Learning a different language can be fun. Not only is it a mark of distinction among your peers, but it also opens the door to interactions with completely different cultures. With that said, some languages are easier to learn than others. So unless you are a glutton for arduous mental stimuli, we recommend you stay away from these 25 of the most difficult languages to learn in the world. If you have managed to learn any of these languages, we congratulate you!
This North Germanic language is an Indo-European language that was largely influenced by Danish and Swedish languages after the colonization of the Americas.
More popularly known as Siamese or Central Thai, Thai language is the official national language of Thailand. It’s a member of the Tai-Kadai language family and almost half of its words are borrowed from Pali, Old Khmer or Sanskrit. Thai is basically tonal and analytic and is known for its complex orthography and markers.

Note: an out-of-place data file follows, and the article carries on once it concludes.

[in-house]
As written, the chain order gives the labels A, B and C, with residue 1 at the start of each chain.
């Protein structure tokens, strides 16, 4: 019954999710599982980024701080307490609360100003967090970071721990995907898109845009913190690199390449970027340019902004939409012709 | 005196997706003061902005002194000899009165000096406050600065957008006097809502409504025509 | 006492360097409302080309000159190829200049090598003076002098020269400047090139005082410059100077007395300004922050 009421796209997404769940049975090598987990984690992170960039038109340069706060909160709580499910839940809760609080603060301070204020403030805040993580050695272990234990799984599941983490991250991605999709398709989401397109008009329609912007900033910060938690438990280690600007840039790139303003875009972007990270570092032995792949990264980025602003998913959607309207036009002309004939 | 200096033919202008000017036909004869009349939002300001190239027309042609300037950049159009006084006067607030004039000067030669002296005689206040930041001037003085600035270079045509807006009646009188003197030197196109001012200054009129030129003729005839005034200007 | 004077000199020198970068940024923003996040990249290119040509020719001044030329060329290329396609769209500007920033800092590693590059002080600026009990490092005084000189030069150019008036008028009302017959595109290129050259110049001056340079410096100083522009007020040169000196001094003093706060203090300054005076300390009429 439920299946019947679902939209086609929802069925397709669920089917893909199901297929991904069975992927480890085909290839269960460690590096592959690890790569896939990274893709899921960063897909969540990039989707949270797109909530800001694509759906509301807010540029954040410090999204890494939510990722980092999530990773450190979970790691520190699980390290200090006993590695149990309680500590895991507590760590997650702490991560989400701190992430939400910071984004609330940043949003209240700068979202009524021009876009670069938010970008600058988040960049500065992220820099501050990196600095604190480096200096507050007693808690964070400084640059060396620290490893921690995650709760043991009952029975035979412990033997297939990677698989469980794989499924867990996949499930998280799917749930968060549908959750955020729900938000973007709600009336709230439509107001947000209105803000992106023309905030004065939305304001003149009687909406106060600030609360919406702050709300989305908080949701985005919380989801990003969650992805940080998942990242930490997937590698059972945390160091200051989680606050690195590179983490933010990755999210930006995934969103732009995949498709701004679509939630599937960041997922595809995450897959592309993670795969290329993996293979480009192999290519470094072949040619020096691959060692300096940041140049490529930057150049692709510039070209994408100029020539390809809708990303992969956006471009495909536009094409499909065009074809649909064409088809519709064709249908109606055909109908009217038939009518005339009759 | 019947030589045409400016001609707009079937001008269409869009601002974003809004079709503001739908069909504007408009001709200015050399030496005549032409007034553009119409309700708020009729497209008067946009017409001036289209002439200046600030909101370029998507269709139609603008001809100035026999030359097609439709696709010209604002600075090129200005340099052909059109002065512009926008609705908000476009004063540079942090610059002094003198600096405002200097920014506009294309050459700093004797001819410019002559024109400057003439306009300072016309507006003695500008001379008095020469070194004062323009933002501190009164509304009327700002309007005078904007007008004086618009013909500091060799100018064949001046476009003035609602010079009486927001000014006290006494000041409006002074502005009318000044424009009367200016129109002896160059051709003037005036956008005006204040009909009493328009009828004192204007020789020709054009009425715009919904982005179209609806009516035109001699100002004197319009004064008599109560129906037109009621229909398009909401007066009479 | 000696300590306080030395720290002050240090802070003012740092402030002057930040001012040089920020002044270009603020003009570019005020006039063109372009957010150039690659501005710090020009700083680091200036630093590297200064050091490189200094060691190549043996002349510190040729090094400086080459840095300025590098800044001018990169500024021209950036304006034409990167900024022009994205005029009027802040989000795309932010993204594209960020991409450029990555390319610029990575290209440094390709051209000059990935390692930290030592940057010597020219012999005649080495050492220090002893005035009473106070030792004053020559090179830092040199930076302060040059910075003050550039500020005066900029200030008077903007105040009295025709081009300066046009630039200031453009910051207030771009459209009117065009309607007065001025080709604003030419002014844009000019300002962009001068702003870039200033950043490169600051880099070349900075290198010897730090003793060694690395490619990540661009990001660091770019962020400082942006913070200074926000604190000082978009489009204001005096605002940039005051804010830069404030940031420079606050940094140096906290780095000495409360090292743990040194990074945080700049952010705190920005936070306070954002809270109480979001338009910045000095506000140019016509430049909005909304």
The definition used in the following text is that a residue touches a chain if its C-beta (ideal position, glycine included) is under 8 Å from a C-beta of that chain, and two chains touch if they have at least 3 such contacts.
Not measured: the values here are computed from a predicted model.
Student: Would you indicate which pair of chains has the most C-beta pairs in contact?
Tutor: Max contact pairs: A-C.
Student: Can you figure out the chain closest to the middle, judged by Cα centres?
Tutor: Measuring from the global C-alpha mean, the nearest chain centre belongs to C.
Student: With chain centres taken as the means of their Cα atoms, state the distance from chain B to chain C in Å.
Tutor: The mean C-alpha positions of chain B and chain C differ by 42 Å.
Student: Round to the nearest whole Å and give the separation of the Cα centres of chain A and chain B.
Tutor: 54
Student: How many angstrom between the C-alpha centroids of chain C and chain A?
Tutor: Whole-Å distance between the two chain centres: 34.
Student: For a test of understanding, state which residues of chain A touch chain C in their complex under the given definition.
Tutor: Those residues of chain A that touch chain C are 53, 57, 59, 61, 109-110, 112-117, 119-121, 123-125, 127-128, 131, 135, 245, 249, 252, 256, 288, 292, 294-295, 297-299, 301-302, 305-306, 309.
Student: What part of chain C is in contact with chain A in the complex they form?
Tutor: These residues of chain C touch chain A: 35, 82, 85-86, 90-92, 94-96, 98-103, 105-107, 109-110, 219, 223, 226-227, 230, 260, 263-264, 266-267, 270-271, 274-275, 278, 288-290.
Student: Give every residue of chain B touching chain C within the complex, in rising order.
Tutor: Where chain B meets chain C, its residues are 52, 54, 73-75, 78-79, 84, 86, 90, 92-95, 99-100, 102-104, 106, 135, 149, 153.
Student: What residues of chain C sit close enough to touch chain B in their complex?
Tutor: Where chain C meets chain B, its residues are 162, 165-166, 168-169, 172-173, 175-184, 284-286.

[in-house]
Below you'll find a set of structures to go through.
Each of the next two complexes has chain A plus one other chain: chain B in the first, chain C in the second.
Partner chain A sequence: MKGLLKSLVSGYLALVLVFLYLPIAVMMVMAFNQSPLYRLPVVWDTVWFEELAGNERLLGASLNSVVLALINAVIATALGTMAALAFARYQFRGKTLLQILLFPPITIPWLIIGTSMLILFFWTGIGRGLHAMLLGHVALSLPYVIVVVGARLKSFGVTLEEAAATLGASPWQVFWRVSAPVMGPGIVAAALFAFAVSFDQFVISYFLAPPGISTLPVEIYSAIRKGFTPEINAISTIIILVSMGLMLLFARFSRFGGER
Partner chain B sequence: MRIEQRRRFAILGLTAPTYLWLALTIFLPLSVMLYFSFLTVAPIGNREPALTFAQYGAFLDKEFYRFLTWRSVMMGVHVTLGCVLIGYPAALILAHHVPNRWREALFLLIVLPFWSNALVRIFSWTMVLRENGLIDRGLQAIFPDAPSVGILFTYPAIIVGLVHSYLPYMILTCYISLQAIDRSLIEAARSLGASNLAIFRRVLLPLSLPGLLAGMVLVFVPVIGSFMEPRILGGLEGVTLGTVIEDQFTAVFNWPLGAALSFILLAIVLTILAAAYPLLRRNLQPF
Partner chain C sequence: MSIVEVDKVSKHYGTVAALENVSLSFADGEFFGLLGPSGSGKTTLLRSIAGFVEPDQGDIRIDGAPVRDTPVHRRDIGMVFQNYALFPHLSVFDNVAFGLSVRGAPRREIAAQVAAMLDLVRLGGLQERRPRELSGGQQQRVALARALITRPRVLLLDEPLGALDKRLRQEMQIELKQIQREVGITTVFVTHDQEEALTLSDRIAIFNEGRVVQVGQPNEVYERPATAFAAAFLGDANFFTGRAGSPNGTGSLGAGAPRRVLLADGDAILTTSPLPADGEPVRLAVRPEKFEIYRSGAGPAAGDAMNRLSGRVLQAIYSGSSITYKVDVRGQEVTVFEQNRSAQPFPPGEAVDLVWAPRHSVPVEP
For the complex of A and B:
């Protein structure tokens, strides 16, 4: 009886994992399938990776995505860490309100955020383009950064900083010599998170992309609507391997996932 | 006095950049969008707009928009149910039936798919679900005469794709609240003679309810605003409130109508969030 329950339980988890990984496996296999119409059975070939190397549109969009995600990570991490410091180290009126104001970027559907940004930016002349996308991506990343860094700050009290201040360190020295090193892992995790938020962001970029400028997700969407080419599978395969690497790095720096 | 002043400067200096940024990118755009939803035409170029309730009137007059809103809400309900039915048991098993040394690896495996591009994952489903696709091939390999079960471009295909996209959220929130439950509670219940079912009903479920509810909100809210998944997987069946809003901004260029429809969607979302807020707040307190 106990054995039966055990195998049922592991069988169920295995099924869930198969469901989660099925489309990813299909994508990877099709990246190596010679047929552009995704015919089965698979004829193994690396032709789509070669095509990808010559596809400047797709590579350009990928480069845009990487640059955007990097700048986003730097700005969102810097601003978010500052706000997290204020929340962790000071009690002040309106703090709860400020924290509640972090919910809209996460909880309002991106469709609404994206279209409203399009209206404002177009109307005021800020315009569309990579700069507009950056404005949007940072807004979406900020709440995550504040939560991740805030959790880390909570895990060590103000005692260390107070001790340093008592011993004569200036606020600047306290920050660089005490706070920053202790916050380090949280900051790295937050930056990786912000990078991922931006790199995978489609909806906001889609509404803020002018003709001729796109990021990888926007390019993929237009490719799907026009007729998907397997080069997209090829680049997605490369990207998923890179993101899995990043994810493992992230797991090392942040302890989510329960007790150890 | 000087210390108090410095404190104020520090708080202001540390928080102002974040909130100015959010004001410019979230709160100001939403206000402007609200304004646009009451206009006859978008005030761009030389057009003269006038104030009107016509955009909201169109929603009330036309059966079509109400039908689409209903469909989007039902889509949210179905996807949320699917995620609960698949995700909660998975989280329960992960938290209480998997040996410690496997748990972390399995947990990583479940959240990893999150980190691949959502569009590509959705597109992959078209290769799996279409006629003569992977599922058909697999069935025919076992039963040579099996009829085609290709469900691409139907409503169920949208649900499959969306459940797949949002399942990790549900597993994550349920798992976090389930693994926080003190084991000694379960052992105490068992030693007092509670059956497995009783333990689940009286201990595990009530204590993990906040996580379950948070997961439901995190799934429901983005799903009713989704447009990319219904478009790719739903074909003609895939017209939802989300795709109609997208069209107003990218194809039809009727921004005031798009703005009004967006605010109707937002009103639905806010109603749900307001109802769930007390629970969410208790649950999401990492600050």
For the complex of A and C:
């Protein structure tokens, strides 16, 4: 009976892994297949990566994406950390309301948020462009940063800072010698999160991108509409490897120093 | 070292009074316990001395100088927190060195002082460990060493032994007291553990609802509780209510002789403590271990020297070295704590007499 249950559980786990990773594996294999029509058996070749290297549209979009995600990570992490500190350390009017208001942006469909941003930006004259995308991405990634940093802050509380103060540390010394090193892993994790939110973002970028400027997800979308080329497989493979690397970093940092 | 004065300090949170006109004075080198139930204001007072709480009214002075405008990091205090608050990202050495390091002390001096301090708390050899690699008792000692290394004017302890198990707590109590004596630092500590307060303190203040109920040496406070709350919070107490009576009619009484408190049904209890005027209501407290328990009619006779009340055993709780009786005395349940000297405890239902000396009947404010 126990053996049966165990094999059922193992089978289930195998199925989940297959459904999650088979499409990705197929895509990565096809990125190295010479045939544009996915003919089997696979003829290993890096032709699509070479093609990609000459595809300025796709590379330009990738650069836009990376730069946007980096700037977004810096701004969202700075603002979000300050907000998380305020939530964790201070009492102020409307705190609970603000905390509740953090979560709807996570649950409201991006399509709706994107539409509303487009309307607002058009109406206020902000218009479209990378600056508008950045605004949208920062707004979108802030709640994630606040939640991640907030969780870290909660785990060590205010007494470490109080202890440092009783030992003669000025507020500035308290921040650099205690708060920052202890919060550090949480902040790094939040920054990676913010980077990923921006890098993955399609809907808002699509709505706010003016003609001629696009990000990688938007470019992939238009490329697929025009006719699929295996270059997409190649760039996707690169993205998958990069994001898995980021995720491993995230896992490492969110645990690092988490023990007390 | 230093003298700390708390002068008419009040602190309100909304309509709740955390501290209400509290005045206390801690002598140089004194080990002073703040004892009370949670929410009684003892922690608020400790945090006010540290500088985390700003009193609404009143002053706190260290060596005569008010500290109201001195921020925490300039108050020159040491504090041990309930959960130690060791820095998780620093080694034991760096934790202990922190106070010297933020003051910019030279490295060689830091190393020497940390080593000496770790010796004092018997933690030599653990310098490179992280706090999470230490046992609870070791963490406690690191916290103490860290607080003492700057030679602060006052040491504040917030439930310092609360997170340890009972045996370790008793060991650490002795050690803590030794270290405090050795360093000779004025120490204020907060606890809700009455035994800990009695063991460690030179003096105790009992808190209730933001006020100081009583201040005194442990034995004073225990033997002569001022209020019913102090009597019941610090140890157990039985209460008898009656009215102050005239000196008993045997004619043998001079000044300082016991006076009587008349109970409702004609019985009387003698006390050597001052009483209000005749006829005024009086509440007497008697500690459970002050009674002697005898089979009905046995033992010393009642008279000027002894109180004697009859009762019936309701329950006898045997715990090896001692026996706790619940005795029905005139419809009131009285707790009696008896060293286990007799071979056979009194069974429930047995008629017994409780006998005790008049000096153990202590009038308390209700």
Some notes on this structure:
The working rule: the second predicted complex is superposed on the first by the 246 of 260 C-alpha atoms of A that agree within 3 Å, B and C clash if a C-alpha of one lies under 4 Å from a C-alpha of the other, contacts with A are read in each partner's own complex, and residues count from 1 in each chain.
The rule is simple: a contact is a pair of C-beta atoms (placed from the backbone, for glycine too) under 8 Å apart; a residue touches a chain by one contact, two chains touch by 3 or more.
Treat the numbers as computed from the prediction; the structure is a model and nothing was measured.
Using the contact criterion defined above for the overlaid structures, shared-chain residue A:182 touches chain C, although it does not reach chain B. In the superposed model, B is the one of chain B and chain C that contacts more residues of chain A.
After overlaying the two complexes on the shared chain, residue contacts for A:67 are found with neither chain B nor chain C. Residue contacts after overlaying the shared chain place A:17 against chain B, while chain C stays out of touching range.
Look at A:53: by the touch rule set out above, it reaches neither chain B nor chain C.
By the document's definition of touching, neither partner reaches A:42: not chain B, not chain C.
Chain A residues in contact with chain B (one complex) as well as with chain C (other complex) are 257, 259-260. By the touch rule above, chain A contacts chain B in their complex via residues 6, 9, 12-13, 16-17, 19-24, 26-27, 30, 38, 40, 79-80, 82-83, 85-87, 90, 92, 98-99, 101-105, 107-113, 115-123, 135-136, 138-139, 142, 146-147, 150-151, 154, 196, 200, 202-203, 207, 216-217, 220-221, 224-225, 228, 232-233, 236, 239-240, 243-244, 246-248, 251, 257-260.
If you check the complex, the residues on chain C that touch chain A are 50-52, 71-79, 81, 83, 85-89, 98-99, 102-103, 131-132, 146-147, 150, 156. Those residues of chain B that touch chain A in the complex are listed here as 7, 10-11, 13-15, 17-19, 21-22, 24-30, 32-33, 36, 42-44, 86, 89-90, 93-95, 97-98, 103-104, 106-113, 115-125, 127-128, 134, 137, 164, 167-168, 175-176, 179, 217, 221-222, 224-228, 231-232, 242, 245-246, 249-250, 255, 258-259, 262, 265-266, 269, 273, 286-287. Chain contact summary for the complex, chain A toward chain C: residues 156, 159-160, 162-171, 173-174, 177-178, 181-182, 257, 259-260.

Vietnamese is the national and official language of Vietnam, as well as a first or second language for many of its ethnic minorities. Vietnamese vocabulary has borrowings from Chinese, however the Vietnamese alphabet in use today is a Latin alphabet with additional diacritics for tones, and certain letters.
Today’s Arabic language is a descendant of the Classic Arabic language that was first spoken during the 6th century. This language is spoken in a broad range of territories, stretching from the Middle East to the Horn of Africa. Most of its spoken varieties are unintelligible and are said to constitute a sociolinguistic language.
A group of language varieties, Chinese language takes many forms that are not mutually intelligible. This language is spoken by about a fifth of the total world population and is considered among the most difficult languages to learn. The Standard Chinese language is spoken in the People’s Republic of China (PRC), the Republic of China (Taiwan) and Singapore.